I must move on, and I see a Farmacia sign across the road, down a block. The time is 10:49 a.m. The sign on the Farmacia’s door says that Saturday hours begin at 10:00. But the door is locked. I sigh. Of course. Glad I’m not bleeding. A helpful woman comes out and in her Spanish lets me know that if I just go around this plaza and down the street, there is another Farmacia and it is open. This one is closed for a holiday, though I have no idea what that means and why the other one won’t be closed as well. She kindly insists it will be open.
So I go. I see it down the street, past the Plaza, but as I approach it I can see that it too is closed. The woman waves to me from across the street, and I shake my head and say, “Cerado.” She gestures in an animated fashion, but she can’t change the fact that the Farmacia is just not open. So I turn, retrace my steps enough to find my yellow arrows, and walk out of town. My leg pain and any headache I might have later on in the day will surely be gone before I find an open Farmacia.
Again, the walk is easy and uneventful, with an uphill just before I get to Santa Irene. Other than a glimpse of Ria now and then, and also of Karin and her young German fellow, I am alone, or passed by relative strangers. Sleepy villages with names like Raido, Cortobe, Boavista, Ras, Oxen are on my path, but most of them are a few stone houses, the requisite chickens, dogs and cats, and the farms.
I turned a corner to see this: a typical ancient stone building, with a new (and very expensive) piece of farm equipment parked next to it. I wonder how these people do it? This is one of the smaller pieces of big equipment I’ve seen, and it hasn’t occurred to me that the money has to come from somewhere I’m not seeing, but this vision brought it home, somehow.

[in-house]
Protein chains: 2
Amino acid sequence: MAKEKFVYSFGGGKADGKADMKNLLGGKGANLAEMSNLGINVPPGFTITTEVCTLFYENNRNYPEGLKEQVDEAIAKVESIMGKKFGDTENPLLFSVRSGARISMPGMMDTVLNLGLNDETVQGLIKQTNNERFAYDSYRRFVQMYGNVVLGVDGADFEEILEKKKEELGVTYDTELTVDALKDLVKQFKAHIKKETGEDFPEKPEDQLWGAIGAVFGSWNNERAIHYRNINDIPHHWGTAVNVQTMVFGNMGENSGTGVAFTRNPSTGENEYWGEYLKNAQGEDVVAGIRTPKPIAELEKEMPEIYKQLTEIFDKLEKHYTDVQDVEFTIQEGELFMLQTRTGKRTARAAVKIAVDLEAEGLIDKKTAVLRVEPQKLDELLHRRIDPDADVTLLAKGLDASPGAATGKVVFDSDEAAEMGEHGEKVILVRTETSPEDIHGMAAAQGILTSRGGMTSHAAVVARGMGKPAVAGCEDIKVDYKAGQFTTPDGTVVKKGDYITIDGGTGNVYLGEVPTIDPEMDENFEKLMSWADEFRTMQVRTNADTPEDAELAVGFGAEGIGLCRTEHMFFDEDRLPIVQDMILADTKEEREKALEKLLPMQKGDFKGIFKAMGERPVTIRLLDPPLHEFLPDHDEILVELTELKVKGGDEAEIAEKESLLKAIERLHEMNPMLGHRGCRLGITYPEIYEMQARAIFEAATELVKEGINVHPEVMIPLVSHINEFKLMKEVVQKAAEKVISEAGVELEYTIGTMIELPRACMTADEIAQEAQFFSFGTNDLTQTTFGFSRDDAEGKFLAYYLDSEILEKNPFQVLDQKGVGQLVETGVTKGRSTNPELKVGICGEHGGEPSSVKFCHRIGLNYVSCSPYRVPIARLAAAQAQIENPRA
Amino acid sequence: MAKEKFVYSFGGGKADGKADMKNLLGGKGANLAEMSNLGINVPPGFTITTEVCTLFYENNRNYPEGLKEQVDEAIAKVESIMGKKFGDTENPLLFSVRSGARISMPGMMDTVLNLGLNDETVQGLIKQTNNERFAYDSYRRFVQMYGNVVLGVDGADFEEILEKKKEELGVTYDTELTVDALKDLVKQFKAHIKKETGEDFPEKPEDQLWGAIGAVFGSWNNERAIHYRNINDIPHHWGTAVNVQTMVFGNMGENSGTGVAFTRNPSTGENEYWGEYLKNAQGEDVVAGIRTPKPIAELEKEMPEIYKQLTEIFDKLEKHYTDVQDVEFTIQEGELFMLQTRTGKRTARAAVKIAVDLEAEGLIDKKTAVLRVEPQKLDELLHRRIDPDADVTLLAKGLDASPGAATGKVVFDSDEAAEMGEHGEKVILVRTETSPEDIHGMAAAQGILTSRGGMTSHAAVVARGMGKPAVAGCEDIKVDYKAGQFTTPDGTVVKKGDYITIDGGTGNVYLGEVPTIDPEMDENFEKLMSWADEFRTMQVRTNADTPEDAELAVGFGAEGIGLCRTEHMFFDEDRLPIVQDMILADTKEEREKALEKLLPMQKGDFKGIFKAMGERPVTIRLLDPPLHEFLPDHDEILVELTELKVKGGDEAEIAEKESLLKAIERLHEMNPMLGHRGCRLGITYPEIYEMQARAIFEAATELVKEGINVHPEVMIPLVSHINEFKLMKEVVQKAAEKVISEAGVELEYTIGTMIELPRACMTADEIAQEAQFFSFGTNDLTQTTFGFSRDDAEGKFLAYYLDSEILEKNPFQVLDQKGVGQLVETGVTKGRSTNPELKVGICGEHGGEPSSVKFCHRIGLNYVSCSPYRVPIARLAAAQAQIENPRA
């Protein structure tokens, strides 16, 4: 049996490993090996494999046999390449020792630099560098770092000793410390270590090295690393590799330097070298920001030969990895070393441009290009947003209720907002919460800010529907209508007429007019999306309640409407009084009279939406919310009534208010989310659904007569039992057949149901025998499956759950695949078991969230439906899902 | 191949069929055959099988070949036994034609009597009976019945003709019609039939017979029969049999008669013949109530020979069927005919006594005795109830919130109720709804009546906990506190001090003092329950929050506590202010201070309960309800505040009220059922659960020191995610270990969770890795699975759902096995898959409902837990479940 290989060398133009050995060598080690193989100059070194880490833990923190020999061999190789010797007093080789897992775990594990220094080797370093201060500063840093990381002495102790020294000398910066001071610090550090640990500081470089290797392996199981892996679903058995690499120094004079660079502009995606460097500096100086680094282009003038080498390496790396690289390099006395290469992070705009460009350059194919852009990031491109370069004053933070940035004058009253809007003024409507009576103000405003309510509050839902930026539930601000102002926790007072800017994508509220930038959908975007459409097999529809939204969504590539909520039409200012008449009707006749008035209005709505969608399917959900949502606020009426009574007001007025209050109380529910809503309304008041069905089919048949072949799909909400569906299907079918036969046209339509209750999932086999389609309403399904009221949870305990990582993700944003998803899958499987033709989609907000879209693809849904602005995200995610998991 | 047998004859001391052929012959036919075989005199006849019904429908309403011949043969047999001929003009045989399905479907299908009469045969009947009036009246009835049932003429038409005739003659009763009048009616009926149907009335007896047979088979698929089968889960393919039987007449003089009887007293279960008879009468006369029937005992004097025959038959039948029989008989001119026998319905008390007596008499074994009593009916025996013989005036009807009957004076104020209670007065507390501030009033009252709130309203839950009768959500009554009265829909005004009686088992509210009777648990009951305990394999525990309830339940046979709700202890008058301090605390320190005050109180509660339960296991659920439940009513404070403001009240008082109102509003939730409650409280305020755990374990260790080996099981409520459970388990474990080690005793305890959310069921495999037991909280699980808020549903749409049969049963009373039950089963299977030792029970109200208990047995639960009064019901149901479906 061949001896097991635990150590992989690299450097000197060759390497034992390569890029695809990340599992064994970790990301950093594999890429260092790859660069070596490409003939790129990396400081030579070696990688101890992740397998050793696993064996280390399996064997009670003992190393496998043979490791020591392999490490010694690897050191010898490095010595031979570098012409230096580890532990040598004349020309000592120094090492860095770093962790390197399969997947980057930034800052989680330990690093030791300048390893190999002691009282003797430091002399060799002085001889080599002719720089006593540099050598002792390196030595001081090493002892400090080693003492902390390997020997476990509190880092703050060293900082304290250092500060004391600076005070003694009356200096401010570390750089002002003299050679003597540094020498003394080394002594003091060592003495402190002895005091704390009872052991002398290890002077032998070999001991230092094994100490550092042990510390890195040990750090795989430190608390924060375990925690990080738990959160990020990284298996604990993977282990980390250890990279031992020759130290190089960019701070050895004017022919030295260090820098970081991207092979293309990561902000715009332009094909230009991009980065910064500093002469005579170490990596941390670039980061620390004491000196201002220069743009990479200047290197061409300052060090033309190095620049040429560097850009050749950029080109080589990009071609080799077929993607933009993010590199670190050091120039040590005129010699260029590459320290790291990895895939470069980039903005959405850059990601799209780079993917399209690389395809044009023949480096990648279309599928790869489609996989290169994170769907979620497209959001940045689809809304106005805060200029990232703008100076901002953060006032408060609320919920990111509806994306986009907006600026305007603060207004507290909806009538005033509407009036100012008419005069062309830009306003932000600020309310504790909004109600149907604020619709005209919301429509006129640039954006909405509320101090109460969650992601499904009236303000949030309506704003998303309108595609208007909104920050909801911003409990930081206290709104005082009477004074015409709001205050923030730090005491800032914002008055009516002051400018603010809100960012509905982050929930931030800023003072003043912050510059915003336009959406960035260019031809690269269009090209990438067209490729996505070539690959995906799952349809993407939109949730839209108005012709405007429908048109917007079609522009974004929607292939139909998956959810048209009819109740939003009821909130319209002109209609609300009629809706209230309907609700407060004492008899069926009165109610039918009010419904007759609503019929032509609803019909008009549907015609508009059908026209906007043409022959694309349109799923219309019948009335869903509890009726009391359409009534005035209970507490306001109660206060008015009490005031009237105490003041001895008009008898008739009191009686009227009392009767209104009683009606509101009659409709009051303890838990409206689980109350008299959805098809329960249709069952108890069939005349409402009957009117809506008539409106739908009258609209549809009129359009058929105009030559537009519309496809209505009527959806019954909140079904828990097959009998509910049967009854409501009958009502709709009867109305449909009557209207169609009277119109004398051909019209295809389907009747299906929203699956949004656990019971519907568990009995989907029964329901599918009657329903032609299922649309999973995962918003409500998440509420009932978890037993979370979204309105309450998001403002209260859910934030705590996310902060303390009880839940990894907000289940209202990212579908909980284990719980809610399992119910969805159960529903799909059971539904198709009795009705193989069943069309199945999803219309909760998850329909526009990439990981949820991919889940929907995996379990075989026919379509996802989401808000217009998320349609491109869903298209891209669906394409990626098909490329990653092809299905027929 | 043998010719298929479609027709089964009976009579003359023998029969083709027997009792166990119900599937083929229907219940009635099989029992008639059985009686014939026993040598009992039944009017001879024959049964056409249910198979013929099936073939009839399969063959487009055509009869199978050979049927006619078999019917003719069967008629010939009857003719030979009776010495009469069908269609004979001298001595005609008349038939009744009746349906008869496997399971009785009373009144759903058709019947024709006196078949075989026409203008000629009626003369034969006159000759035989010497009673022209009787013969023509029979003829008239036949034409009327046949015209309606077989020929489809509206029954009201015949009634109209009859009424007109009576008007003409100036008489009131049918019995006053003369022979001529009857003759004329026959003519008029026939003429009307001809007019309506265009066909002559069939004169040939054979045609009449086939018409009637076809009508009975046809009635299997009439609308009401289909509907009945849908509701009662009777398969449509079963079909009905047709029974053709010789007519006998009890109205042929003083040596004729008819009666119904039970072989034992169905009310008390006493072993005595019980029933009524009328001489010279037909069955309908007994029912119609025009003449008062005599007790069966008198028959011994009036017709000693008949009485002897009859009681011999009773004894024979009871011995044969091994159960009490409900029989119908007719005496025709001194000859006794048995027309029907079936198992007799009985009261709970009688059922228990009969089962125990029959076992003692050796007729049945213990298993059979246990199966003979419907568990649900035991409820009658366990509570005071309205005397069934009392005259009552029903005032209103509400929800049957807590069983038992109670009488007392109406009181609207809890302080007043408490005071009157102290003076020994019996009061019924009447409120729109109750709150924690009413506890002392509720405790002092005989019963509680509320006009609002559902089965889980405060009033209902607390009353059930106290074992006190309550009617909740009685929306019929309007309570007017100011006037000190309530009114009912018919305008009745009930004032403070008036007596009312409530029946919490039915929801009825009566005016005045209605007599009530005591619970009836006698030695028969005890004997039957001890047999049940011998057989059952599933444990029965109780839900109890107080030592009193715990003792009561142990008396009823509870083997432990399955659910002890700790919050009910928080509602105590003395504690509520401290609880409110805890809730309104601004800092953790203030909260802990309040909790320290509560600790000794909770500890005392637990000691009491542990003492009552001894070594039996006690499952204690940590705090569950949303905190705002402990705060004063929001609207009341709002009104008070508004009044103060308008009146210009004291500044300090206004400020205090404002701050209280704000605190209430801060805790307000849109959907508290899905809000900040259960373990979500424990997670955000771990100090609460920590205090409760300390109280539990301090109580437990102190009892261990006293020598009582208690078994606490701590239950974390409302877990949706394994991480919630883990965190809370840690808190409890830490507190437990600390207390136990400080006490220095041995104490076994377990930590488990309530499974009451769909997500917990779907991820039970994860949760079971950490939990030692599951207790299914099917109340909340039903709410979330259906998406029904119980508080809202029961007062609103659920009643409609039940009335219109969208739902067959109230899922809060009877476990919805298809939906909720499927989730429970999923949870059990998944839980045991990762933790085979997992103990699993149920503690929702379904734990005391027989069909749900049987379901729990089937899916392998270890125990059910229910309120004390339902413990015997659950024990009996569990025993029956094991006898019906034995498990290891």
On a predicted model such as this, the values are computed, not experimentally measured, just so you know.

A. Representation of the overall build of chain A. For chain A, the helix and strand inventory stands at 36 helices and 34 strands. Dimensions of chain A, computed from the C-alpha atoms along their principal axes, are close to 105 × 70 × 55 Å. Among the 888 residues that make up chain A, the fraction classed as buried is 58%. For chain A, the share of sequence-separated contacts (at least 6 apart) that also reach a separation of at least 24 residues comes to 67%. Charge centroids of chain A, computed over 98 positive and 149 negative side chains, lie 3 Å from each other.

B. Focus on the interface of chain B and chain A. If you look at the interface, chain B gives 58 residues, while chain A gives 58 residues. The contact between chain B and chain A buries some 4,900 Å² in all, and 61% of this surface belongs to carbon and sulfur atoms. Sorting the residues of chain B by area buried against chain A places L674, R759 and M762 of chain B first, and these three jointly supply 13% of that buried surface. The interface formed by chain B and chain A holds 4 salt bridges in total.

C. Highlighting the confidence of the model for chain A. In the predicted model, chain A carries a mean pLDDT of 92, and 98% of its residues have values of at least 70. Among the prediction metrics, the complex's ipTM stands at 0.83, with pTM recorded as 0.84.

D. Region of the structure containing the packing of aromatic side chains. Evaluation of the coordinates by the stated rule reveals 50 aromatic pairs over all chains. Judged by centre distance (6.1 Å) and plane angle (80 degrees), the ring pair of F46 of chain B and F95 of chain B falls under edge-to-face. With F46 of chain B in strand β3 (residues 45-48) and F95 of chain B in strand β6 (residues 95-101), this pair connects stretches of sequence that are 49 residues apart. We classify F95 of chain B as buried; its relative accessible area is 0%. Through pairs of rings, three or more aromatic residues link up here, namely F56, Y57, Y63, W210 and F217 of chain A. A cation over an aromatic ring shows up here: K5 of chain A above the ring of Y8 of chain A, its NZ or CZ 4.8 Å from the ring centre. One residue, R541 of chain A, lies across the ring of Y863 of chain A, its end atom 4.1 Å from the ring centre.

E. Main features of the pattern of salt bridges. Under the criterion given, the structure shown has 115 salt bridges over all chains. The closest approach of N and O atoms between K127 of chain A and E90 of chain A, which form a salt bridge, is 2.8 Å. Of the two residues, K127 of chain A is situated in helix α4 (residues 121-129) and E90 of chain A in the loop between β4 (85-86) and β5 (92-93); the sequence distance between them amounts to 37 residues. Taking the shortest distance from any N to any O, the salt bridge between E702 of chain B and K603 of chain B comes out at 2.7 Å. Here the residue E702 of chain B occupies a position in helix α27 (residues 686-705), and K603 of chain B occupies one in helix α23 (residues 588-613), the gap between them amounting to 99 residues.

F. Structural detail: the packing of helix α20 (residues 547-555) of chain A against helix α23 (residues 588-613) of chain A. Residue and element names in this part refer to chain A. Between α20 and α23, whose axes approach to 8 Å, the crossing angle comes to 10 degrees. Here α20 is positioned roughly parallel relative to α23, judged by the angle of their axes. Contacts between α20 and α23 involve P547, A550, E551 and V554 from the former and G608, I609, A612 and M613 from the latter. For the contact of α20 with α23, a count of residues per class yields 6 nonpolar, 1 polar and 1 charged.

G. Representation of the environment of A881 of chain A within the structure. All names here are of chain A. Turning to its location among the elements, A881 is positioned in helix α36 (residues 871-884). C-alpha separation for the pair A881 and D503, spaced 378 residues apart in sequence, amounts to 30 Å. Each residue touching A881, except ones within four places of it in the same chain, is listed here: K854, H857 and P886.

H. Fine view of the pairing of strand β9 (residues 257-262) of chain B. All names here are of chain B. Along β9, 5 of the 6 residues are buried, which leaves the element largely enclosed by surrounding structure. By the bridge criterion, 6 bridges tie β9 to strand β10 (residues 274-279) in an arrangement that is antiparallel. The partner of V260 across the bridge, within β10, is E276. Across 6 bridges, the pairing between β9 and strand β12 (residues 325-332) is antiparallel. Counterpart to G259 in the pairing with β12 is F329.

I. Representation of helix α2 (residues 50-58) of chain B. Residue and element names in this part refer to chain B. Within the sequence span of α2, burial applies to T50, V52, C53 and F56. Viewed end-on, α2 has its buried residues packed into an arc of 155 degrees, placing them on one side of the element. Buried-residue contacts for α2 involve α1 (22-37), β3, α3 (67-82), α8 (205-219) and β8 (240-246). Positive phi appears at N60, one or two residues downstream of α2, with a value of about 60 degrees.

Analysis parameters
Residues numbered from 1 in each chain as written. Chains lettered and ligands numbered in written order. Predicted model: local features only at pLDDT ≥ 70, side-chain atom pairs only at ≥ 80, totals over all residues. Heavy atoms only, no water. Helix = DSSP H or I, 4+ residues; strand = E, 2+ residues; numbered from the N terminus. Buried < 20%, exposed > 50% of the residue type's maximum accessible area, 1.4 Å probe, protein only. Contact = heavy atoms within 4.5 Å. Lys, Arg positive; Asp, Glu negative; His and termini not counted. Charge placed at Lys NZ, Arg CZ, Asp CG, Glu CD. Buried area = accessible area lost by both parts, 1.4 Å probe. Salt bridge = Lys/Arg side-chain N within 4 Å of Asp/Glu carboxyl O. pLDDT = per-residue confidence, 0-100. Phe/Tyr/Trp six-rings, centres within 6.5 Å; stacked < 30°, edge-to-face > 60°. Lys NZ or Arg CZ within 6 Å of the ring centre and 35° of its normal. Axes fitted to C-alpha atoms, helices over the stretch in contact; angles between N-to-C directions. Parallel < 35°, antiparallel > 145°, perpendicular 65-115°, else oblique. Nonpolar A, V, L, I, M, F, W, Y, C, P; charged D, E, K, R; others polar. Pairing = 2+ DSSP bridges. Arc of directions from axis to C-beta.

Not an isolated sight, as we pilgrims move out of the way for huge hay stackers coming along the road, or backhoes or tractors. A sort of visual oxymoron.
I reach Santa Irene, where I have my reservation for a room, and wherevRia will most likely show up. I’m glad I have Brierley’s book with a little photo of where I am to stay, because there really isn’t a good sign outside. However, when I ring the bell and the young woman of the house lets me in, I am taken aback. An actual living room, with fireplace, classical music, walnut furniture, family photos, like a real home. I ask whether a German woman named Ria is here, and the young woman says no. She shows me to my bed, the only single bed, in an alcove of the bunk room, no less, and I drop my pack. I follow her back out to the living room and there is Ria, coming in from the garden in the back of the house. She was relaxing, waiting for me, before she registered. I sign in, give the young woman my Credencial to stamp, pay for the room and 13 Euro for the dinner. It seems like a lot for dinner, but when the soup, the salad, the roast and gravy with delicious potatoes, and a homemade dessert show up, I’m grateful.
However, in the two hours before dinner, Ria and I sit in front of the glass-fronted wood stove, listening to the music, feeling as though we’ve been transported to some other civilized world. Other trekkers drift in and sit down, talking quietly as the mood of the room encourages. I do some writing, in my journal and on the computer, call Ashley on GoogleVoice, since I have both a good connection and a fairly quiet room, and generally relax.
Dinner for thirteen of us, Ken included, three Italians I’ve never met before, several other Germans, Ria and myself. The young woman explains to us that tomorrow, Sunday, this Albergue will be closed, so we must let ourselves out the garden door and gate in the morning, and walk another 2 km. to the next village for breakfast.
I split a bottle of wine with Ken, the German couple to my right, and one of the Italian men. Then it’s a late shower for me and I join the rest of the residents for a good sleep. Tomorrow I will walk into Santiago de Compostela.
When I saw the water, I wondered if you took a dip. Looked inviting.
Wow. This post reminded me of a poem by Antonio Machado. It is called Cantares. One of the verses say: “Caminante no hay camino, se hace camino al andar”.
Lovely, Miriam. yes, the road is made by walking. Though I’m not sure what I would have done without those yellow arrows and signs!
And thank you so much for your Spanish Conversation class. Though I didn’t get to attend many of the classes, I wobbled my way through Spain with more awareness, pronunciation and vocabulary than I would have otherwise!